Review: Seen and Heard International, BBC Proms, Bournemouth Symphony, Karabits, Korngold, Royal Albert Hall
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Korngold: Violin Concerto in D, Op. 35
Britten’s Four Sea Interludes could be perhaps considered as another of the composer’s guides to the orchestra, apart from his Opus 34, which was written a year or so later, since the work provides a good opportunity for all sections to shine. We don’t hear the Bournemouth orchestra in London very much these days, and so it was good to experience its fine playing in this piece, with warm sounding strings, firm brass chording and stylish woodwind. Kirill Karabits directed a searching account of the four episodes that make up this satisfying concert piece. His conducting was in turn potently atmospheric and highly dramatic.
It scarcely seems 18 years since Gil Shaham played a very fine first-ever Prom performance of the Korngold Violin Concerto, with the Bournemouth Symphony directed by the late and much-lamented Yakov Kreizberg. The orchestra has recently made a much-praised and publicised recording of the work for Decca with Nicola Benedetti and another Russian conductor, Karabits, in fact, and so now we could hear those self-same artists present the work in live performance. It’s a piece that seems to fit Benedetti’s playing personality very well. She brings out the work’s long, highly romantic melodic lines adroitly, but always in a way that never veers towards sentimentality. It’s not a concerto that should be taken too seriously, perhaps, for its film music origins are all too obvious; it’s best to lean back and just enjoy the luscious sounds. In this performance we could hear clearly how Korngold loves to feature the piquant sounds of xylophone and celesta, sometimes in tandem.
We are used to hearing fairly blunt, straight down the line presentations of Prokofiev’s Fifth Symphony, but Karabits’s approach was a little different. At once in the first movement it was evident that he was looking more inwardly into the music, searching for lyrical elements and drawing out contrasts of mood. This was an intriguing interpretative slant, but perhaps it made the movement sound a little more episodic than usual. Nor was the playing quite so assured as it had been in the Britten and Korngold, which was strange, considering how well versed this ensemble is in the music of Prokofiev through its performances and recordings for Onyx Classics, including a recent release of this very symphony (review).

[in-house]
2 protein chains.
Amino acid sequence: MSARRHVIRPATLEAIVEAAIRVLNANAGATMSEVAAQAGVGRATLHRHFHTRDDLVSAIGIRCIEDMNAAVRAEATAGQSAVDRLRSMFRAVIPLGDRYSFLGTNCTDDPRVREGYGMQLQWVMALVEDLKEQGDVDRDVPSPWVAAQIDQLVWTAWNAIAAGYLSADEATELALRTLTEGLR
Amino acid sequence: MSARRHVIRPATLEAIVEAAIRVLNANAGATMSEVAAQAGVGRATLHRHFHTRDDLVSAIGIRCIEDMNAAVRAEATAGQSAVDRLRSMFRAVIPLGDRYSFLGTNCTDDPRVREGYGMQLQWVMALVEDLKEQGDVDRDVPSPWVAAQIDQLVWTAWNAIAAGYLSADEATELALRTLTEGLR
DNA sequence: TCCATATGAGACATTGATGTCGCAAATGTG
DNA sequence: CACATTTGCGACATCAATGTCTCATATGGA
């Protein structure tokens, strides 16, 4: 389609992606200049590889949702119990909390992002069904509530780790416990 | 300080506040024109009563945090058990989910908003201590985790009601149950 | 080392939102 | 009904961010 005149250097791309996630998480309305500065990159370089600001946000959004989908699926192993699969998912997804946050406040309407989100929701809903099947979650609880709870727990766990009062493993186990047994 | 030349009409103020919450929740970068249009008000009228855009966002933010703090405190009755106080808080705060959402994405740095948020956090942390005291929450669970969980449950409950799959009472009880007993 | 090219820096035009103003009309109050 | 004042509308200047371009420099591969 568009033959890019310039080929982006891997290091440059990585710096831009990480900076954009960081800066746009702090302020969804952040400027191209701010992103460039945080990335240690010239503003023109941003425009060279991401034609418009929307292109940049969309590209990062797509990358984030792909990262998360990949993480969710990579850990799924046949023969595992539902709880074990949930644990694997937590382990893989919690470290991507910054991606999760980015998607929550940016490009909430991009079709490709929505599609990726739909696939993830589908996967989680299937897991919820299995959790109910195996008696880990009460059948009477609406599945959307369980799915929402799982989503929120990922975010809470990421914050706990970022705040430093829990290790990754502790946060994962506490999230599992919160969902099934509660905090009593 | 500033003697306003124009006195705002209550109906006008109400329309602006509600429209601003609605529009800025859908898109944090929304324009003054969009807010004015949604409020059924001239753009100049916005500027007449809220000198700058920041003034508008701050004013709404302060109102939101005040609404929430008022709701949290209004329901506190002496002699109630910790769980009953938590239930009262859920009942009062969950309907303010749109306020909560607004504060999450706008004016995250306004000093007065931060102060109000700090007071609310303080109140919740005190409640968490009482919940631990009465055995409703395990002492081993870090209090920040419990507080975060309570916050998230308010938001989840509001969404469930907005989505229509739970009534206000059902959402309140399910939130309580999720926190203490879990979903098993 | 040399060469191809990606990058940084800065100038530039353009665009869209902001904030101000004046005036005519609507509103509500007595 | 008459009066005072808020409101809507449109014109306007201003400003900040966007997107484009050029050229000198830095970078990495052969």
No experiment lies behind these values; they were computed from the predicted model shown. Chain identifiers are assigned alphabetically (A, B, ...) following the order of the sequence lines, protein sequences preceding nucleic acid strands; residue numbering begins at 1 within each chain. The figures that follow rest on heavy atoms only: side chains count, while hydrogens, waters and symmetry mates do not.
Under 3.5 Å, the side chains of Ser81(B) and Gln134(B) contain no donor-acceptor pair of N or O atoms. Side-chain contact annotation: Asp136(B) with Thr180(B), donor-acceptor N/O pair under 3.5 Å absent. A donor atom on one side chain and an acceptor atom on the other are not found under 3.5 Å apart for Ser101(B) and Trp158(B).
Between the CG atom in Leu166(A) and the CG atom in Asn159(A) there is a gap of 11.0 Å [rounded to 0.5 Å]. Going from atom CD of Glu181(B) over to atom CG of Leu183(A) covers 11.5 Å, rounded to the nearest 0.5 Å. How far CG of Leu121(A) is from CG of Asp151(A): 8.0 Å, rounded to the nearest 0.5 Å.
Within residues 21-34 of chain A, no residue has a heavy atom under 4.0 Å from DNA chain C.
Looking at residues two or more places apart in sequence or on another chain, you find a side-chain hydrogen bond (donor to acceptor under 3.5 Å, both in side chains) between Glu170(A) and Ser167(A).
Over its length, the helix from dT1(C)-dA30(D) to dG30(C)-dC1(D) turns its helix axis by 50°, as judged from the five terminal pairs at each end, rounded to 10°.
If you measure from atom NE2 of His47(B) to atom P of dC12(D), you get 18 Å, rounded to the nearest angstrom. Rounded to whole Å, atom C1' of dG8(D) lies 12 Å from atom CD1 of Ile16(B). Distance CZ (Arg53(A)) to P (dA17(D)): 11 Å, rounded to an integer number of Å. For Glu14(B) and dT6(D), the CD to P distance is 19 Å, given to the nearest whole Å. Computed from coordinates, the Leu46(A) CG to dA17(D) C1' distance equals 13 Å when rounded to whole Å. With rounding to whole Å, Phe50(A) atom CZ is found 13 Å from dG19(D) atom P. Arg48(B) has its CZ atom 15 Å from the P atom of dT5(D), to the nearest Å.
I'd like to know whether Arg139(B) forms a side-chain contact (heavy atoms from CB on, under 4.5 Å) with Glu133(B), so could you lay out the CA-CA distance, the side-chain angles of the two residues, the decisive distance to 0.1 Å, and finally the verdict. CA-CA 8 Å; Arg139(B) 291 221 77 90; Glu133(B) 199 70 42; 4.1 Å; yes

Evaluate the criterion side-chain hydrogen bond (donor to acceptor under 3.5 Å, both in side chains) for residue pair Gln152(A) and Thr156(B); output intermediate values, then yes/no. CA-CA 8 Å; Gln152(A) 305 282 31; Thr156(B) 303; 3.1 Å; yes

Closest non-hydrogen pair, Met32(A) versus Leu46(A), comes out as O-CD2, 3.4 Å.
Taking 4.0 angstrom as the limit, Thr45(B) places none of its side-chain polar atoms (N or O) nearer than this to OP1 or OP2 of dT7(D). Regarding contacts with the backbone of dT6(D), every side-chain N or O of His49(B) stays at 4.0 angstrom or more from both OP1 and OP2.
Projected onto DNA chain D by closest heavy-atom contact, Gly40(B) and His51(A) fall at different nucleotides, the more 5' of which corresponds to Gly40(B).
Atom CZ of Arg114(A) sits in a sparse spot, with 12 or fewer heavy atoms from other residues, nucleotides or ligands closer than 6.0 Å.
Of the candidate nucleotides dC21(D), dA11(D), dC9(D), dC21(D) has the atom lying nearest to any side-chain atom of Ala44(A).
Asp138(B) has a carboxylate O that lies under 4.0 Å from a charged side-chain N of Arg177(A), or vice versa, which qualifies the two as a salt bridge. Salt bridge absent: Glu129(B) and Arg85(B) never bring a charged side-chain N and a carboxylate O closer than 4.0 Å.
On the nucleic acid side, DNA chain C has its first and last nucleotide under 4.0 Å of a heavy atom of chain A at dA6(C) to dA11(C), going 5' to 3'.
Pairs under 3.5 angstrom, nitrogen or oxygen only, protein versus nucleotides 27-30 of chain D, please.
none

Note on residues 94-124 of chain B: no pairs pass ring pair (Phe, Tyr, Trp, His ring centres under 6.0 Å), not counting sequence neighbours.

Artists vary in their response to unwanted applause between movements of a work. Benedetti had turned her back on the audience ever so slightly after the first movement of the Korngold. When applause broke out at the end of the Prokofiev’s first movement, Karabits responded by driving straight into the second amid the clapping. This meant that the first few notes of the vigorously played Allegro marcato were unclear, but his tactic ensured silence after that movement and again after the third. In that third-movement Adagio Karabits continued his expressive, softer than usual approach, to good effect in this case, and also in the final Allegro giocoso, though here the music’s structure seemed a little looser than normal and sharp orchestral attack was a little lacking. But it was an intriguing slant on the great symphony as a whole.